Thursday, August 29, 2013

Edyta Sitar lecture and my new fabric for fussy cutting

Yesterday we went to a quilt shop to hear Edyta Sitar speak. She did a wonderful trunk show and we got so see more than 60 of her quilts, many of which are featured in her 2013 calendar. She entertained us for more than an hour with her stories and ideas! I love trunk shows and show and share at the Guild because I always come away excited, inspired and itching to create! Edyta's trunk show delivered on all counts!

Edyta has a natural colour sense and it is evidenced in her scrap quilts. I don't subscribe to the notion that all fabrics go together in a scrap quilt and sometimes there are bits that just have to be left out or altered in some way, tea staining for example. Or as Edyta said she can't help it if a patch drops in her coffee!

There are secrets to making a successful scrap quilt and one of those tips that I've blogged about in my previous posts and that Edyta talked about is the use of a single colour to "control" your quilt. Using a particular colour can tame down the scraps and add cohesiveness to anchor the quilt. Think of the many log cabin quilts we've all seen each of which has a red centre but not necessarily the same red.

Edyta talked about the five colours that she likes to use to pull together the large variety of scraps in her scrap quilts. They are navy (notice the navy flowers in the corners),

or brown (the tree trunks),

or barn red (notice how the reds are all pushed out toward the border),

or olive/drab green,

or black (the centres of the pineapples are black).

You can use a little of an anchoring colour as with the pineapple quilt above or you can use more as with the tiny baskets and the olive green. The strategic use of a single colour or colourway can make the difference between a nice scrap quilt and a spectacular scrap quilt!

After the trunk show there was a question and answer period. She was asked what type of sewing machine she has and she replied "You aren't going to like this". Of course we all figured she would say a top of the line machine that cost thousands of dollars but boy, were we wrong! She uses a $200 Kenmore machine! I assume that that was for the piecing only and that the quilts are sent out for quilting. Nonetheless it is nice to hear that you don't have to spend thousands of dollars on a machine in order to make beautiful quilts!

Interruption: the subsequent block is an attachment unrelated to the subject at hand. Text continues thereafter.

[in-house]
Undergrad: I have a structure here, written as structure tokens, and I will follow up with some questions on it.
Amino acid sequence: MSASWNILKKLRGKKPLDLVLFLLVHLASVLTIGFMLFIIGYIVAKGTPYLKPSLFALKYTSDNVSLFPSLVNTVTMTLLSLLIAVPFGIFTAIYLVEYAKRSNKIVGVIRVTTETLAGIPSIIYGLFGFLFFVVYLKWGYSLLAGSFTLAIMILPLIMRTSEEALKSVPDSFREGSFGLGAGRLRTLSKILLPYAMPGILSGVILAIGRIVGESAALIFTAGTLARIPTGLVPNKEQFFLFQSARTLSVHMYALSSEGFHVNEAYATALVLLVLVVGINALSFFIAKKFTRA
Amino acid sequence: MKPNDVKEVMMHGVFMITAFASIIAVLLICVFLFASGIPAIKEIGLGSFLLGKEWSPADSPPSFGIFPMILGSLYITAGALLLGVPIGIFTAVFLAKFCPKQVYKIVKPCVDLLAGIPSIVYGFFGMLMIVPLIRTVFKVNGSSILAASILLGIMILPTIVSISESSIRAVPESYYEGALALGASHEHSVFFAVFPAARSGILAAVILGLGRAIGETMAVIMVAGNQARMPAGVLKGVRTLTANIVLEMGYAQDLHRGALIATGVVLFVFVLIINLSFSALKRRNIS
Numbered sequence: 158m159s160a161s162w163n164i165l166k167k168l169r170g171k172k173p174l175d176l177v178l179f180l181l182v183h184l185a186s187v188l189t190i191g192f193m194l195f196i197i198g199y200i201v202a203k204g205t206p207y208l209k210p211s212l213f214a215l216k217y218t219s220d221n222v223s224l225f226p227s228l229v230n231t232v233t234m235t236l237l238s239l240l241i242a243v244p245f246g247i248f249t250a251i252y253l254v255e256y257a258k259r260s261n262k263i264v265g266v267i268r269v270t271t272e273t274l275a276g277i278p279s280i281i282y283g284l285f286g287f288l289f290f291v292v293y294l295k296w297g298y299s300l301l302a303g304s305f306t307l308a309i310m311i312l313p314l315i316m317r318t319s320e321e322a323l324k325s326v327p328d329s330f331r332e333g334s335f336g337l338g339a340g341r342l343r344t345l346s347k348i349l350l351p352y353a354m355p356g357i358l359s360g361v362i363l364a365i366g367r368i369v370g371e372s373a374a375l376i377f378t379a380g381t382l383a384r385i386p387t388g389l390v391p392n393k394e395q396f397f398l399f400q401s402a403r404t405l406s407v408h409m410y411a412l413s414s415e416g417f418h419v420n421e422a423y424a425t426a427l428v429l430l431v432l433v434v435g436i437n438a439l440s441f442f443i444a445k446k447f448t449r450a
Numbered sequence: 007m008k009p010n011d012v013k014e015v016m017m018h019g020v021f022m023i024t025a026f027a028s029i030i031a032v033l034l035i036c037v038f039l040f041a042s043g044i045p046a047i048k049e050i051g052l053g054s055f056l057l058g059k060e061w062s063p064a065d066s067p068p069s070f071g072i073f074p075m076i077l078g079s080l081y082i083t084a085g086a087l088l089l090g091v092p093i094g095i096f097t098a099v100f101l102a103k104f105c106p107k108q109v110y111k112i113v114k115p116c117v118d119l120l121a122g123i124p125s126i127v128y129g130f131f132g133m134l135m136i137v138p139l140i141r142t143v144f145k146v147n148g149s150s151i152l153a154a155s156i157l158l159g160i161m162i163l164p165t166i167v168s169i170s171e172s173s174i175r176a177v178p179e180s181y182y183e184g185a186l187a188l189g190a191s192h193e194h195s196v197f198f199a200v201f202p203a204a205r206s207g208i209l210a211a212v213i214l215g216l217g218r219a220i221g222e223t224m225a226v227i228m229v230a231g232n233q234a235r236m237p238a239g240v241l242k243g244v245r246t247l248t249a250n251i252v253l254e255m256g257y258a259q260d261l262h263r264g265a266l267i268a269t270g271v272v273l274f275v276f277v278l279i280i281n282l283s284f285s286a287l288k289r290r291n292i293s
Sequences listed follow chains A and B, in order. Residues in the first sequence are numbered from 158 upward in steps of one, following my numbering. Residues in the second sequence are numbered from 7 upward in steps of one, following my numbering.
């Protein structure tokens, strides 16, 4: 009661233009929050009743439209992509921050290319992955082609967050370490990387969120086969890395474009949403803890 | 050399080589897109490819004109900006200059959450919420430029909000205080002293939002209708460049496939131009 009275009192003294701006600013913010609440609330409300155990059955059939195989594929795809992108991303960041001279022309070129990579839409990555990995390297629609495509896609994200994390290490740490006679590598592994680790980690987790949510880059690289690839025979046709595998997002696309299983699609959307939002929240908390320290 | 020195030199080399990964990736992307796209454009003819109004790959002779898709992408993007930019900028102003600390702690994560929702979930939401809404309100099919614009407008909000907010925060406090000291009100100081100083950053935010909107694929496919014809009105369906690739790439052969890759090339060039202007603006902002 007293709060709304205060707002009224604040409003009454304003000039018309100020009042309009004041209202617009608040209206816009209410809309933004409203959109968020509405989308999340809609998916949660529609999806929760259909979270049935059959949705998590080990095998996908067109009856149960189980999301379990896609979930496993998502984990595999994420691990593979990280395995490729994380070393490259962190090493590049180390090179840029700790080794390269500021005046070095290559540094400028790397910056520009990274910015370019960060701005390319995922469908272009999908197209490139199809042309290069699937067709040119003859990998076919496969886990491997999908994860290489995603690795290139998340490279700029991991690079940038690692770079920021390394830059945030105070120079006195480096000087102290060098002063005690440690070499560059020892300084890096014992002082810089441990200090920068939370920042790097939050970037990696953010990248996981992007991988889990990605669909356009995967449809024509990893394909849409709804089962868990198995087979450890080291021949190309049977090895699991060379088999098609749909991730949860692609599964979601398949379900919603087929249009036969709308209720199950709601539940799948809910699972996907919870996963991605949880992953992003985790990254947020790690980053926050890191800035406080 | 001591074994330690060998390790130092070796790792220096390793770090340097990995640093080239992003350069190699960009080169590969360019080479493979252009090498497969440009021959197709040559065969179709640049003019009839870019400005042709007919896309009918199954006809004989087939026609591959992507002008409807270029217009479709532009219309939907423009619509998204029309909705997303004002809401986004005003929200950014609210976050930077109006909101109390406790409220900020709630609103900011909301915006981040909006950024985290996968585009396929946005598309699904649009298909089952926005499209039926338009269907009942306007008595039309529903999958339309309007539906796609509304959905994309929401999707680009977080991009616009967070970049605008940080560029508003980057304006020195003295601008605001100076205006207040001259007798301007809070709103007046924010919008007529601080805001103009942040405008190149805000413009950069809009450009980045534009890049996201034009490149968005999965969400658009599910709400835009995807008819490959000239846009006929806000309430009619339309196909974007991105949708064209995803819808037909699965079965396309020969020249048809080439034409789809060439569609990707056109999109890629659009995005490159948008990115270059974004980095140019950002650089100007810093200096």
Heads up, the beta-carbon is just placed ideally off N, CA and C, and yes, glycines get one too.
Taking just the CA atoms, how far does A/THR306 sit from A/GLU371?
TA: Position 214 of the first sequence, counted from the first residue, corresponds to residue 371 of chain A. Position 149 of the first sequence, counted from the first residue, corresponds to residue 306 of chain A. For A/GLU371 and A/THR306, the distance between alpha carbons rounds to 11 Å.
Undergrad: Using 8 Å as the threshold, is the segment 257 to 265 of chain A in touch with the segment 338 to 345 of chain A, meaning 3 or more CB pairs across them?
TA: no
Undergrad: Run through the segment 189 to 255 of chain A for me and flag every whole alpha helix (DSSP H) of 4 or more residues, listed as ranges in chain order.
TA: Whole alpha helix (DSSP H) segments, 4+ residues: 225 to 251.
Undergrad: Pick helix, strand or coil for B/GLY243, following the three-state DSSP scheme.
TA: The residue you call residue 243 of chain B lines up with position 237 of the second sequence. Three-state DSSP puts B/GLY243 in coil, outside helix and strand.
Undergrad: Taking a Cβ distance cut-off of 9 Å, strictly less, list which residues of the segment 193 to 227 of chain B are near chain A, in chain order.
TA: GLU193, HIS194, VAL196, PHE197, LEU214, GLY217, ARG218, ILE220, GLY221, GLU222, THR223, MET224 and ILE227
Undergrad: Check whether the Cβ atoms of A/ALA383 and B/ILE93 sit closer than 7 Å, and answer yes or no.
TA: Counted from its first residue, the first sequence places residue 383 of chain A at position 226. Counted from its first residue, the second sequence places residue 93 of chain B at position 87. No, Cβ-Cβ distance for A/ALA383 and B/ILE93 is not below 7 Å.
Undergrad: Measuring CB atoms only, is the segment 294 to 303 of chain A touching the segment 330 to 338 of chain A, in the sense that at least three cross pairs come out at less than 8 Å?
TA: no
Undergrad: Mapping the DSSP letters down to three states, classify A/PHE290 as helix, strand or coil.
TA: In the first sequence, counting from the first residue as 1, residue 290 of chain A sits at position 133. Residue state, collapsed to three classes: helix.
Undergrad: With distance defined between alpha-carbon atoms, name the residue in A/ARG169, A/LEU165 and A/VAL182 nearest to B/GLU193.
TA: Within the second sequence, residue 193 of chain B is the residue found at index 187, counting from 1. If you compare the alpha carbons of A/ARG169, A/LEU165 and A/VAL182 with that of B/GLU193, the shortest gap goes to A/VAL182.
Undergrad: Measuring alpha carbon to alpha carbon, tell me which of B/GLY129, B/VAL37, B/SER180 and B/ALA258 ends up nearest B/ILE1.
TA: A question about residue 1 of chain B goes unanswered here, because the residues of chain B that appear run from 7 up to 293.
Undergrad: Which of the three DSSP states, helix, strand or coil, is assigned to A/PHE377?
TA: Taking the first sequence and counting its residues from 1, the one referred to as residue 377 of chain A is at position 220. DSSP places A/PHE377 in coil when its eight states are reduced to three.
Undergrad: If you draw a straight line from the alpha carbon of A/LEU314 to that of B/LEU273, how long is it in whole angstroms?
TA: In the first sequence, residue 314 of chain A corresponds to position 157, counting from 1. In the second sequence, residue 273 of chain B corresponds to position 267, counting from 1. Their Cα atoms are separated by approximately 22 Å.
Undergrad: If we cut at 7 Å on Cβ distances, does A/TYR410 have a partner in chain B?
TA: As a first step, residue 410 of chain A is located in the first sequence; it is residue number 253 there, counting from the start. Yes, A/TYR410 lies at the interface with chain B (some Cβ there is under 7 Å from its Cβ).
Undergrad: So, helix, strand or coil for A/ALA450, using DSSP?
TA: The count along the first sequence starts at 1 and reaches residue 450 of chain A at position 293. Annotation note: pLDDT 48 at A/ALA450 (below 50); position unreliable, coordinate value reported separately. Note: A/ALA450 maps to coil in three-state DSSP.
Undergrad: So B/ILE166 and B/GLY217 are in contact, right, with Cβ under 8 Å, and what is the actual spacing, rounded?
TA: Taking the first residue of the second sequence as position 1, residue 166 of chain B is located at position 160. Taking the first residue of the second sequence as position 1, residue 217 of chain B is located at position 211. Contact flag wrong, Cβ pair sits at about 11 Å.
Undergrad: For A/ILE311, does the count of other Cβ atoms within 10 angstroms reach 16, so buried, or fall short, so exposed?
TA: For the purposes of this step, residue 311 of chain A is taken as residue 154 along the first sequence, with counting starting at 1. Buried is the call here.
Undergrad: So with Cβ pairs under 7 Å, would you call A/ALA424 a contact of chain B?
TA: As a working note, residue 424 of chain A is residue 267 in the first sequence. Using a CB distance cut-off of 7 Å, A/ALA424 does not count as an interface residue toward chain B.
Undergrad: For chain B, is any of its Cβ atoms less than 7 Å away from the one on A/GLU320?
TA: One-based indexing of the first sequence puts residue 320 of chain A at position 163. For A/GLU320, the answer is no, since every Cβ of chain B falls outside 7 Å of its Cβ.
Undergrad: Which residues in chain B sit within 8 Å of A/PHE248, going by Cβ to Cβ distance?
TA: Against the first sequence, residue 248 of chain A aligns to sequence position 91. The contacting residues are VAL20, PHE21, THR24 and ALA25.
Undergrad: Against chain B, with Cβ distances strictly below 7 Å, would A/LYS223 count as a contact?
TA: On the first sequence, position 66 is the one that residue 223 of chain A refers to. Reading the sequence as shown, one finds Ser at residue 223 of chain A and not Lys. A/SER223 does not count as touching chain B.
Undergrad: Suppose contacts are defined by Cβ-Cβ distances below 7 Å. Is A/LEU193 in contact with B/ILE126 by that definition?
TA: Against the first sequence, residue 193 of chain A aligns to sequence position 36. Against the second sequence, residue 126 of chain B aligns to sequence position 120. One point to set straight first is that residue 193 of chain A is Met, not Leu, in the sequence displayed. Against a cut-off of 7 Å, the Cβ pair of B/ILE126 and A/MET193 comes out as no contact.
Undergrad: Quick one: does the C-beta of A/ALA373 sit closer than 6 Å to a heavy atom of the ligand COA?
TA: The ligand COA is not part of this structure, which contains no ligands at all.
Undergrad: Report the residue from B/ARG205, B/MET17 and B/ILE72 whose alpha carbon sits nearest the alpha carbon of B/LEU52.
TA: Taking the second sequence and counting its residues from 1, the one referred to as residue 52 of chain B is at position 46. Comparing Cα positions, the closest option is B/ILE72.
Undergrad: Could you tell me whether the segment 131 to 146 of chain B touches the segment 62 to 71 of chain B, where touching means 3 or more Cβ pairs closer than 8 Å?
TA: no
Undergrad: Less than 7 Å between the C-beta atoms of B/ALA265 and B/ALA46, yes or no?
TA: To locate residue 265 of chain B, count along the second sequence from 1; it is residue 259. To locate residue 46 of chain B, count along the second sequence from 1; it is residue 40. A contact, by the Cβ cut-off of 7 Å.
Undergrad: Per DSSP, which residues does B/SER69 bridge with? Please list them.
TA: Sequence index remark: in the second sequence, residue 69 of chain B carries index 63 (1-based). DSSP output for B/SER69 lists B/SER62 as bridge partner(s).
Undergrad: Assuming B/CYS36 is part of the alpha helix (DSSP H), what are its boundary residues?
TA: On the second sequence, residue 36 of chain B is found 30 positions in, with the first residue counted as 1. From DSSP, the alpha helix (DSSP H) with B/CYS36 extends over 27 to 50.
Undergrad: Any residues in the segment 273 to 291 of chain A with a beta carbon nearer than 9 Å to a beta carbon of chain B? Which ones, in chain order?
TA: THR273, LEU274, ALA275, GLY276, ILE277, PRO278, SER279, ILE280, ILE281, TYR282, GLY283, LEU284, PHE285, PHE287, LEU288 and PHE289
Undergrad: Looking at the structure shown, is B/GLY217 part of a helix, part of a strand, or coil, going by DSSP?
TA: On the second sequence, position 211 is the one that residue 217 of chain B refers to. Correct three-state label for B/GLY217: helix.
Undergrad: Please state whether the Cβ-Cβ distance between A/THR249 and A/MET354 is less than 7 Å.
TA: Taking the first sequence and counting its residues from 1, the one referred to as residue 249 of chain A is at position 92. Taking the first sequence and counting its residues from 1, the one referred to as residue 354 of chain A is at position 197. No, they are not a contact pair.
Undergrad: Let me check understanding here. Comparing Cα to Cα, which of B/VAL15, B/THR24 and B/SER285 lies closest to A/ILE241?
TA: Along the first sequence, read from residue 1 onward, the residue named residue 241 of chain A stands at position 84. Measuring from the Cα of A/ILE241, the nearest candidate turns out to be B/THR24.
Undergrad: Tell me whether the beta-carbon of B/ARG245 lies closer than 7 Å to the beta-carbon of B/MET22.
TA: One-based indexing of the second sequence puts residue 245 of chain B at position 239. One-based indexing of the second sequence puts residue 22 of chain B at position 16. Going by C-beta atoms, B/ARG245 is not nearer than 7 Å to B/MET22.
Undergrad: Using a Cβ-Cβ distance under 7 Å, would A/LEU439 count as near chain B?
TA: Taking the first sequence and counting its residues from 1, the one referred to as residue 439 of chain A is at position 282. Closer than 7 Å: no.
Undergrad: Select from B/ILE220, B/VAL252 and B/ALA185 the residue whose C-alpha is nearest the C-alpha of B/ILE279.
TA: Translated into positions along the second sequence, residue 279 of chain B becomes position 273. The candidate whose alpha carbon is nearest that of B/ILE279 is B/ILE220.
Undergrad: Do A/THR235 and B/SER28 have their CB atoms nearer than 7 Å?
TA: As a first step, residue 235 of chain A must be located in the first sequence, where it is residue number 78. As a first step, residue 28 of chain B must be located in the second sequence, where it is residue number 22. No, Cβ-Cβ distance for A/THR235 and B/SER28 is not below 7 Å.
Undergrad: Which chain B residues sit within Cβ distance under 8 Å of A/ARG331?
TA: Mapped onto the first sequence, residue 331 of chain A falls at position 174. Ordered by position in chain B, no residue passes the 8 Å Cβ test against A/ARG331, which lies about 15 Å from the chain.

last week I found this great fabric and even better, it was on sale! I thought it would be perfect for fussy cutting diamonds and hexagons.

I placed a window template on the fabric to get an idea as to what it would look like. I prepared a tutorial to explain how I make and use window templates and clear templates. You can read it here. There are two motifs that repeat in the print.

I cut some diamonds and basted them to paper so I could include them in the diamonds for the border of my quilt "81".  And here is one of them sewn into a large diamond!

This is a great fabric with all kinds of possibilities. If I get back to the shop and they still have the fabric I might buy some more! And I'll be sure to take my window template with me so that I can audition other fabrics too because you just never know what surprises could be in store for you!
Until I post again, happy sewing! 


  1. what a moth watering post today! I loved seeing those quilts and your fabric is yummee. Good tips about taking your window template with you and also what the speaker said about a single colour. I think I discovered that by accident, but it's a good rule to follow.

    1. Mouth watering is right! I love trunk shows, even when the work is not my taste or style because I always learn something and I come away all fired up and ready to create! Edyta's work was very much my taste! And I agree that we often do things intuitively but hearing it explained is validation for what we do and how we do it!

  2. Oh I wish I had been there lucky girl. Love your diamonds. I always see something beautiful when I come th visit.

    1. The diamonds are so much fun to make and to play around with! Experimentation with bits of fabric is a good way to learn about colour, value, hue and scale. If it doesn't work out....oh well! It was just a little bit of fabric so no great loss!